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Burlap and Cement: Strong Enough to Replace Plywood and Stucco Siding

blog1-1 Burlap-crete is a loosely woven burlap saturated in a rapid setting cement. Unlike exterior plywood sheathing, it doesn’t warp or swell. It won’t delaminate, mold, burn, or get damaged by rodents. It doesn’t take as many tools or any special skill either. It can withstand years of weather as well as the heat of a blowtorch and hammer blows when correctly applied.

Using a solution of quick set non-shrinking cement and overlapping the burlap layers like shingles, takes the more brittle artistic process and transforms the burlap into a shell with the strength of rigid half inch plywood coated with stucco. Adding latex concrete binder makes it more elastic and allows it to bend before breaking. In 30 minutes, cement containing non-shrinking grout achieves up to 9,000 pounds per square inch (psi) compressive strength after 28 days. It can handle wet weather and condensation and dries a nice sandy beige color with invisible seams.

The fast-drying cement can be mixed in a rubber feed bucket found at a livestock supply store – three feet around and over a foot high. Flexing the bucket will remove residual cement for reuse. Air temperature and wind can change the amount of water needed while the temperature of the water can change the setting time.

It is easiest to take a 55-pound bag of cement and mix it five gallons at a time and pour it into the larger feed bucket for use with the burlap. Using a half inch drill with a mixing paddle is important- a smaller drill motor can’t handle this thick solution.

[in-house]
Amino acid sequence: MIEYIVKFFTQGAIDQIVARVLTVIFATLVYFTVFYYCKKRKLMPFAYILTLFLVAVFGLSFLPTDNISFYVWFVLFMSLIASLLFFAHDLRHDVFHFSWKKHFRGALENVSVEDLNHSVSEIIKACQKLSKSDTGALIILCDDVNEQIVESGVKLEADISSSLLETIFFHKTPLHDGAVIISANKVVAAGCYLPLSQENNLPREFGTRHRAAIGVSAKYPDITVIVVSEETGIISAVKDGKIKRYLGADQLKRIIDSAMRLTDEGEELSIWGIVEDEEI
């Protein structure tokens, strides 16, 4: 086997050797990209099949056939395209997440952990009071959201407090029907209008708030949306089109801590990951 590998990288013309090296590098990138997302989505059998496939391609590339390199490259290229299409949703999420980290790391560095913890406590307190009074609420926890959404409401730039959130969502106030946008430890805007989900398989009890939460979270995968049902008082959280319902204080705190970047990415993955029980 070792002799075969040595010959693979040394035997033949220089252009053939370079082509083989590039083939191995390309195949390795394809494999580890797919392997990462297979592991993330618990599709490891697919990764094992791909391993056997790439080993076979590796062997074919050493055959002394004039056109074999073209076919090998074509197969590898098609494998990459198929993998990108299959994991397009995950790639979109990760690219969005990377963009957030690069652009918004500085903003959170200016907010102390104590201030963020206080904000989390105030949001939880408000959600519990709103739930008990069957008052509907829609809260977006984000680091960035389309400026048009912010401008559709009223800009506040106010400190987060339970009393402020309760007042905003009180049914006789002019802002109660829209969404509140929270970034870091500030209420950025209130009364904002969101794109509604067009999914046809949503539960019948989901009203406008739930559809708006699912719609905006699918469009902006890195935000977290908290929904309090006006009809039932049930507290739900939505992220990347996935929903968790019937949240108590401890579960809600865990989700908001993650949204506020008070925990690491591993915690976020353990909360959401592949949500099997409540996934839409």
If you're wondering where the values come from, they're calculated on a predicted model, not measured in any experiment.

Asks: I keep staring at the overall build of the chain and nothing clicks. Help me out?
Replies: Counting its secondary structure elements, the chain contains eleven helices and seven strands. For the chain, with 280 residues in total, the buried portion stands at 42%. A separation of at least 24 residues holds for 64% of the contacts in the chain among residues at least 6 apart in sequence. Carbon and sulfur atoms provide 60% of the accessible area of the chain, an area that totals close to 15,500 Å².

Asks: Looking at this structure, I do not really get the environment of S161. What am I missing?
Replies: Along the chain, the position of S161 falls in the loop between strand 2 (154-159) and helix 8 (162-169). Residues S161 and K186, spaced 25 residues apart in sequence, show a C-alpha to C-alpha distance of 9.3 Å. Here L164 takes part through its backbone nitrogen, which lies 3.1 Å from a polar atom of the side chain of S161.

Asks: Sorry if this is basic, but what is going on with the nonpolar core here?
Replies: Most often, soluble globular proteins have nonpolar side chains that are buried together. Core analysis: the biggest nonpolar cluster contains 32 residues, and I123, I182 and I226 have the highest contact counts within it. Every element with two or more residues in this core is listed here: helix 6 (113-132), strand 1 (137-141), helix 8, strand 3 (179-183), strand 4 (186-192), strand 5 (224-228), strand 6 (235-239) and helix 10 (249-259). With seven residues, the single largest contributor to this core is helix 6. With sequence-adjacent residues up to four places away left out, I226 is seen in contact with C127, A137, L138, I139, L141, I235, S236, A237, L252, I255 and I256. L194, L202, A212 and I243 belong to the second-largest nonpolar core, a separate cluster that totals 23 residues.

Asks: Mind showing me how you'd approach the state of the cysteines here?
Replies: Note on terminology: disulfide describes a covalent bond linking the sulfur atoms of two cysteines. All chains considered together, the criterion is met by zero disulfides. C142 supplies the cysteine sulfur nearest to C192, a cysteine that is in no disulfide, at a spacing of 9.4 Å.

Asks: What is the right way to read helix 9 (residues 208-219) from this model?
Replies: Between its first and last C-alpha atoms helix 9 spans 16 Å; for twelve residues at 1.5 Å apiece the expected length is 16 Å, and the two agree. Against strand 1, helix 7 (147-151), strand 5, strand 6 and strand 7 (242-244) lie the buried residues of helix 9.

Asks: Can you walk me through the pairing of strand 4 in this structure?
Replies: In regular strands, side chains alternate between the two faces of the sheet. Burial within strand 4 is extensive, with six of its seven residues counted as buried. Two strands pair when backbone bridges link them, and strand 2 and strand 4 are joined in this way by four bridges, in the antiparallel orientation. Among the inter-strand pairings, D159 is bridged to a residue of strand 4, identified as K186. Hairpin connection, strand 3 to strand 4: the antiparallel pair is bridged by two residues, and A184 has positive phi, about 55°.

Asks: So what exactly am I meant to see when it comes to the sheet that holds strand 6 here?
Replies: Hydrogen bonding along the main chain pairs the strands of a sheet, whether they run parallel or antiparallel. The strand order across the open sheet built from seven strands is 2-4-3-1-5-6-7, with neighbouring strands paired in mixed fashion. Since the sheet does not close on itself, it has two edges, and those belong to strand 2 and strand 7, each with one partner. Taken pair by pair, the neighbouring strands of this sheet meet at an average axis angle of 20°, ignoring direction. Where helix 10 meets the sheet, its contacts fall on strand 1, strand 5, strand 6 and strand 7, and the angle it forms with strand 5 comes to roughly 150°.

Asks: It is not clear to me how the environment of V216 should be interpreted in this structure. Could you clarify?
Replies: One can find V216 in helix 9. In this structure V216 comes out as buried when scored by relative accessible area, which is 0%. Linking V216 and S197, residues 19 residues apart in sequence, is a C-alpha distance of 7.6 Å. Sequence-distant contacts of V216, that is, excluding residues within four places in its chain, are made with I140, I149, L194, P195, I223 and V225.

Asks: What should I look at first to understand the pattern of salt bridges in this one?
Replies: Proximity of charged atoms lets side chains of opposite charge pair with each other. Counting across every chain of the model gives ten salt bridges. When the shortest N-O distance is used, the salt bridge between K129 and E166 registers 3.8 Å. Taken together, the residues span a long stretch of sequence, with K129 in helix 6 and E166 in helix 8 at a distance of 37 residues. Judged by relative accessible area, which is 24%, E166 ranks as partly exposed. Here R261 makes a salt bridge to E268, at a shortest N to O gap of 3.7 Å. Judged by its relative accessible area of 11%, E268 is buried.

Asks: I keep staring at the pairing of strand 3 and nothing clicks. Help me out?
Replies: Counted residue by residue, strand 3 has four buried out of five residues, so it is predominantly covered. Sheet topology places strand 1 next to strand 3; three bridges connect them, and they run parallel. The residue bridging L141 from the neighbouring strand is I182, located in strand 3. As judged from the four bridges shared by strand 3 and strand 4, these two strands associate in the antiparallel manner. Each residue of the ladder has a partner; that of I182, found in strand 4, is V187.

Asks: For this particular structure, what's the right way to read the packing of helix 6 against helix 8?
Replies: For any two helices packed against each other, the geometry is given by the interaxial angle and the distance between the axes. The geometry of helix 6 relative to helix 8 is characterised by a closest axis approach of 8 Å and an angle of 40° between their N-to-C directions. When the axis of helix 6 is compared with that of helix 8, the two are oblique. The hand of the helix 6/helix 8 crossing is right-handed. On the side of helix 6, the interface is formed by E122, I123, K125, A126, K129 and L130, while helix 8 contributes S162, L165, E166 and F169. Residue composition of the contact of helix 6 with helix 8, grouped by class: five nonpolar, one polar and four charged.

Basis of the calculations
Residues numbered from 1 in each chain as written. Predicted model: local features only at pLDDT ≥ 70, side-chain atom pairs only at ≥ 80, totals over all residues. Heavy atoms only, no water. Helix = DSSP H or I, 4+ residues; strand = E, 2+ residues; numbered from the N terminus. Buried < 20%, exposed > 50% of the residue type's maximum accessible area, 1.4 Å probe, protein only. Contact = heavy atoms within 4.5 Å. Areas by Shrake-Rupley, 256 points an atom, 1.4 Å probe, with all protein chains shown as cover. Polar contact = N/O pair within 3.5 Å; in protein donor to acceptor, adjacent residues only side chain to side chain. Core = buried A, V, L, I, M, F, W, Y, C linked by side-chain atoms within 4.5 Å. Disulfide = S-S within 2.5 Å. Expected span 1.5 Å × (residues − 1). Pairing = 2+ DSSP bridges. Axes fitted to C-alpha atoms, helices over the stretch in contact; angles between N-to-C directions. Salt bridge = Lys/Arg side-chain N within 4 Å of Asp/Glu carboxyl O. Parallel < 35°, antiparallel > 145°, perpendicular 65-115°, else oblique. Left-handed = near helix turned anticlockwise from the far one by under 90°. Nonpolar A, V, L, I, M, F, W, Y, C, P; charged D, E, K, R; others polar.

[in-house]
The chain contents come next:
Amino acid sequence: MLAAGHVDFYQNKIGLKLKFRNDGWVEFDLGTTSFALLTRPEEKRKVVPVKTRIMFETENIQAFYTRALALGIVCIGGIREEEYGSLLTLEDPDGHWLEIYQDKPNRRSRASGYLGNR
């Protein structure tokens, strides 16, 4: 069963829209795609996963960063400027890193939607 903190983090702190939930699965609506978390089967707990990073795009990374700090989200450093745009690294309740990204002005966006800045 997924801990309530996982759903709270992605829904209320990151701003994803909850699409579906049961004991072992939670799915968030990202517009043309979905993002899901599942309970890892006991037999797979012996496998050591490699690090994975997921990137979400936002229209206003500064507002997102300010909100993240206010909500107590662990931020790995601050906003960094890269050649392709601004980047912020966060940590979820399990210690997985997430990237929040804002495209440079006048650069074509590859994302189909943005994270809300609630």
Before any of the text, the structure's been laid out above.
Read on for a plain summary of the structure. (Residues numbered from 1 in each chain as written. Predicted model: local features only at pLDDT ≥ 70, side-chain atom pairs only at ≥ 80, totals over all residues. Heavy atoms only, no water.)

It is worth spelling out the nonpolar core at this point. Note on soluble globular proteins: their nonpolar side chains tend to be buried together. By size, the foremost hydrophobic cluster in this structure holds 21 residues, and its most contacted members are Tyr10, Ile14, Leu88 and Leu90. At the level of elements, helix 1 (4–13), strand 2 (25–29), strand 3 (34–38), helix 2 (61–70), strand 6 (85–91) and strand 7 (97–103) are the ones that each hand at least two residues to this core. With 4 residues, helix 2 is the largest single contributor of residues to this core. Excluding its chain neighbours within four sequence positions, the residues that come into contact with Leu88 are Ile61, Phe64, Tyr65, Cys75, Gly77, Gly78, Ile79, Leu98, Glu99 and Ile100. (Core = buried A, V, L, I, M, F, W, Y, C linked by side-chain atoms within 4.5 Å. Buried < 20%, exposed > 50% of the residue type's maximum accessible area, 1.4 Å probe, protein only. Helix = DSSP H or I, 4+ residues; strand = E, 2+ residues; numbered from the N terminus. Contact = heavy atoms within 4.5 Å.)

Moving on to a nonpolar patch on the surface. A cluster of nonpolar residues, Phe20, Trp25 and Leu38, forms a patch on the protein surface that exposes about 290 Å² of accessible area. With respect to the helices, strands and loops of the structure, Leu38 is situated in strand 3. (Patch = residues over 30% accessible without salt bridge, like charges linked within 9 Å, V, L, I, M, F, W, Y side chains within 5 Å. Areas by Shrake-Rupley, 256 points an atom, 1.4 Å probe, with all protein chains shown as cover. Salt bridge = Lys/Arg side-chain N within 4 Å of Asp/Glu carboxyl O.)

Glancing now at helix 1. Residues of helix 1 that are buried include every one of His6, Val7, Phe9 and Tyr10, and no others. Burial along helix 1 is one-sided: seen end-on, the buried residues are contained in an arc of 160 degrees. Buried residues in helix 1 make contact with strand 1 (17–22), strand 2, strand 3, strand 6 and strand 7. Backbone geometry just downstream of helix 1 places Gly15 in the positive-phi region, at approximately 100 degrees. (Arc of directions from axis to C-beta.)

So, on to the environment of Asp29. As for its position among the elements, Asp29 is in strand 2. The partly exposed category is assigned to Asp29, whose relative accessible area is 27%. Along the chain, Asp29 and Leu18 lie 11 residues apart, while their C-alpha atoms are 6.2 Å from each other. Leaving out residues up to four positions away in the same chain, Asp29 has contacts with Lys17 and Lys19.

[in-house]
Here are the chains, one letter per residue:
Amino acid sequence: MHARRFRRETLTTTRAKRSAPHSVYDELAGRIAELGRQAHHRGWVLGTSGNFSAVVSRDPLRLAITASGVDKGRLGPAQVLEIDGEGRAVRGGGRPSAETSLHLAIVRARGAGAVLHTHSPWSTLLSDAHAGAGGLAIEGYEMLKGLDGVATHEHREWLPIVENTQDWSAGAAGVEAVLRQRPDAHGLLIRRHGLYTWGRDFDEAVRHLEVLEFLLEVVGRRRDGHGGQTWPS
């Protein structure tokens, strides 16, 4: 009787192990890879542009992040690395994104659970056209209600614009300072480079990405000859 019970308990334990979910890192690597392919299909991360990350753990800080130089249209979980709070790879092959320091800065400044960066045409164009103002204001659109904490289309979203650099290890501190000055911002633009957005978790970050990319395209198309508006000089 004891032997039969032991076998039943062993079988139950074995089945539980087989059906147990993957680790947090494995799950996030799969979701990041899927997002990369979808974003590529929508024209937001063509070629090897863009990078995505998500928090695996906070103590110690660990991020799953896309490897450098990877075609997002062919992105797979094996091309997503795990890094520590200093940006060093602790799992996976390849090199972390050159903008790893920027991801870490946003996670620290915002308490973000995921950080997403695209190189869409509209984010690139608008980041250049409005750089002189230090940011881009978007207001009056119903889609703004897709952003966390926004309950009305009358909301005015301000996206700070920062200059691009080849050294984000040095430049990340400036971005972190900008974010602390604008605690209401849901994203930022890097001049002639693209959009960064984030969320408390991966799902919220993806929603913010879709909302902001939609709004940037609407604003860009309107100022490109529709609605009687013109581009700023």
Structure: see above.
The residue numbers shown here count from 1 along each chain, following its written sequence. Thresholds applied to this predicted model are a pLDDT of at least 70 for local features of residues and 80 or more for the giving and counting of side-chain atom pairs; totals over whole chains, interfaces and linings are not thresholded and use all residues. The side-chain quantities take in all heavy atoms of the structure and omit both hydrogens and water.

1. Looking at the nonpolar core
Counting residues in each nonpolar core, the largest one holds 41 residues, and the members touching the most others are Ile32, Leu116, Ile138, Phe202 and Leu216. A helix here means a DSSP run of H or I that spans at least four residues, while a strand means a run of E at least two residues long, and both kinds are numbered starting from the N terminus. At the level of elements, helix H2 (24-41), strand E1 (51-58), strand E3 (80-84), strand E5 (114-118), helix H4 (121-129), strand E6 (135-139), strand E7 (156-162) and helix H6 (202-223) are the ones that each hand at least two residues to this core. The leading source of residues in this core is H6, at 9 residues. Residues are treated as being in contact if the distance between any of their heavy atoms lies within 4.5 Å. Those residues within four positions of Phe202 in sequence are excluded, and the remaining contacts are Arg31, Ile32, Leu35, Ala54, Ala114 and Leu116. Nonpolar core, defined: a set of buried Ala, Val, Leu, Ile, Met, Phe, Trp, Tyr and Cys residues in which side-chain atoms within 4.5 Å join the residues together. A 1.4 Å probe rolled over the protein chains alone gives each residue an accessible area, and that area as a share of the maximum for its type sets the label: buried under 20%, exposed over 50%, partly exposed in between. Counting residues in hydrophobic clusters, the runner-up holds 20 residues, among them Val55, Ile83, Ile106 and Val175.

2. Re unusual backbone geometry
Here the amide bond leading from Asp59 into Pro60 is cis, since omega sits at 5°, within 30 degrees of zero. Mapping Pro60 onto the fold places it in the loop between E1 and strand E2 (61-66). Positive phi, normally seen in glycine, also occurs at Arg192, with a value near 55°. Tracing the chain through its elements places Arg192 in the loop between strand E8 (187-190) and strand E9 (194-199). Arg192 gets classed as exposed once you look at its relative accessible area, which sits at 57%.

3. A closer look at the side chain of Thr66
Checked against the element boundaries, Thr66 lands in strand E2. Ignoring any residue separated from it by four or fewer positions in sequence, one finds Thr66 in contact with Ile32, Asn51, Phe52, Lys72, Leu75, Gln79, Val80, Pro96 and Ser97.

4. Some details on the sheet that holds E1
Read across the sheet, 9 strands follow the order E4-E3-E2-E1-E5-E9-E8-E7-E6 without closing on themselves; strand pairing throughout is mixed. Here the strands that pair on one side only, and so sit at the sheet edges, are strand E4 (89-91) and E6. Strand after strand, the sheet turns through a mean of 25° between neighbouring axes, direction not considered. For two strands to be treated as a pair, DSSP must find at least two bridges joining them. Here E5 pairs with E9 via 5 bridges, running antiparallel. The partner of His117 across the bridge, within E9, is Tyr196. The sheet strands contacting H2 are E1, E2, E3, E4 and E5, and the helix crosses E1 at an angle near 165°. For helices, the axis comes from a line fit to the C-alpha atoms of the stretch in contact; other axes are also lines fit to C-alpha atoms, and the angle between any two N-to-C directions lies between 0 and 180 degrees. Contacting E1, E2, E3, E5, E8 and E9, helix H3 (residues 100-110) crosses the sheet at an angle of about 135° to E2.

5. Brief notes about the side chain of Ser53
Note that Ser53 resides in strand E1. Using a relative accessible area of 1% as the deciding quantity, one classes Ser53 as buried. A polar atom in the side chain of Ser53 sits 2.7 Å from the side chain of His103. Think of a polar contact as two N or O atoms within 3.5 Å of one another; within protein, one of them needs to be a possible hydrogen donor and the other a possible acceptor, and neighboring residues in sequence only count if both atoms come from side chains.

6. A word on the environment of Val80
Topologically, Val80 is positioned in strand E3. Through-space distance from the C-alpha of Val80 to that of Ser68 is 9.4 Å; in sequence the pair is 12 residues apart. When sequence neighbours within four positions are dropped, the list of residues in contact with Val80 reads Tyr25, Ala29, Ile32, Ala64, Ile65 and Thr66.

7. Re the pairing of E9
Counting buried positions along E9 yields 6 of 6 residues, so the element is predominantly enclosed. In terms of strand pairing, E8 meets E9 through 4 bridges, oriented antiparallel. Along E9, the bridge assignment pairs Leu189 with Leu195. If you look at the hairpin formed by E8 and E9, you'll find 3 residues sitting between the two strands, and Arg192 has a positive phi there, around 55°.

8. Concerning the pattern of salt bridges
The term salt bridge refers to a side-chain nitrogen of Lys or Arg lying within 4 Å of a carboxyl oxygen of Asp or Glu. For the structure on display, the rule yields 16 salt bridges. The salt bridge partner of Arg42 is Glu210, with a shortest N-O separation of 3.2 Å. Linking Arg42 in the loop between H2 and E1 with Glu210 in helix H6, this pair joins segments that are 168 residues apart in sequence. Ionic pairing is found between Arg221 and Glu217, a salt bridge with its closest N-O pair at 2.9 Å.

Burlap needs to soak in water overnight and be cut into two-foot squares that will fit in the big rubber bucket. Wearing gloves, wring the burlap out slightly and dip it into the cement of a pea soup consistency, turning the burlap over a few times.

blog1-2Large wooden clothes pins, covered in oil, hold the burlap onto the wire wall or stock panels without sticking permanently to the structure. The mix dries rapidly, so put the pins on the wire just above where you intend to place the burlap so that they will be ready to use immediately. Turn the clothes pins toward the wire to press the burlap against it. You will need to fill the divot later with more cement. Doors and windows can be cut out later with a reciprocating saw just like with plywood.

Only one quart of concrete binder is needed per bag of cement if you use the Quickrete brand. A bag of cement will yield about 25 square feet of saturated burlap. One person can work quickly enough to deal with the entire process alone if well organized. It has a textured finish, but it can be dampened and smoothed out by hand or trowel using a thinned-out layer of cement. The versatility of burlap, a simple fabric of jute plant fiber, is proven once again.

This entry was posted on Friday, March 10th, 2017 at 11:12 am and is filed under All Natural, Burlap, DIY, Go Green.

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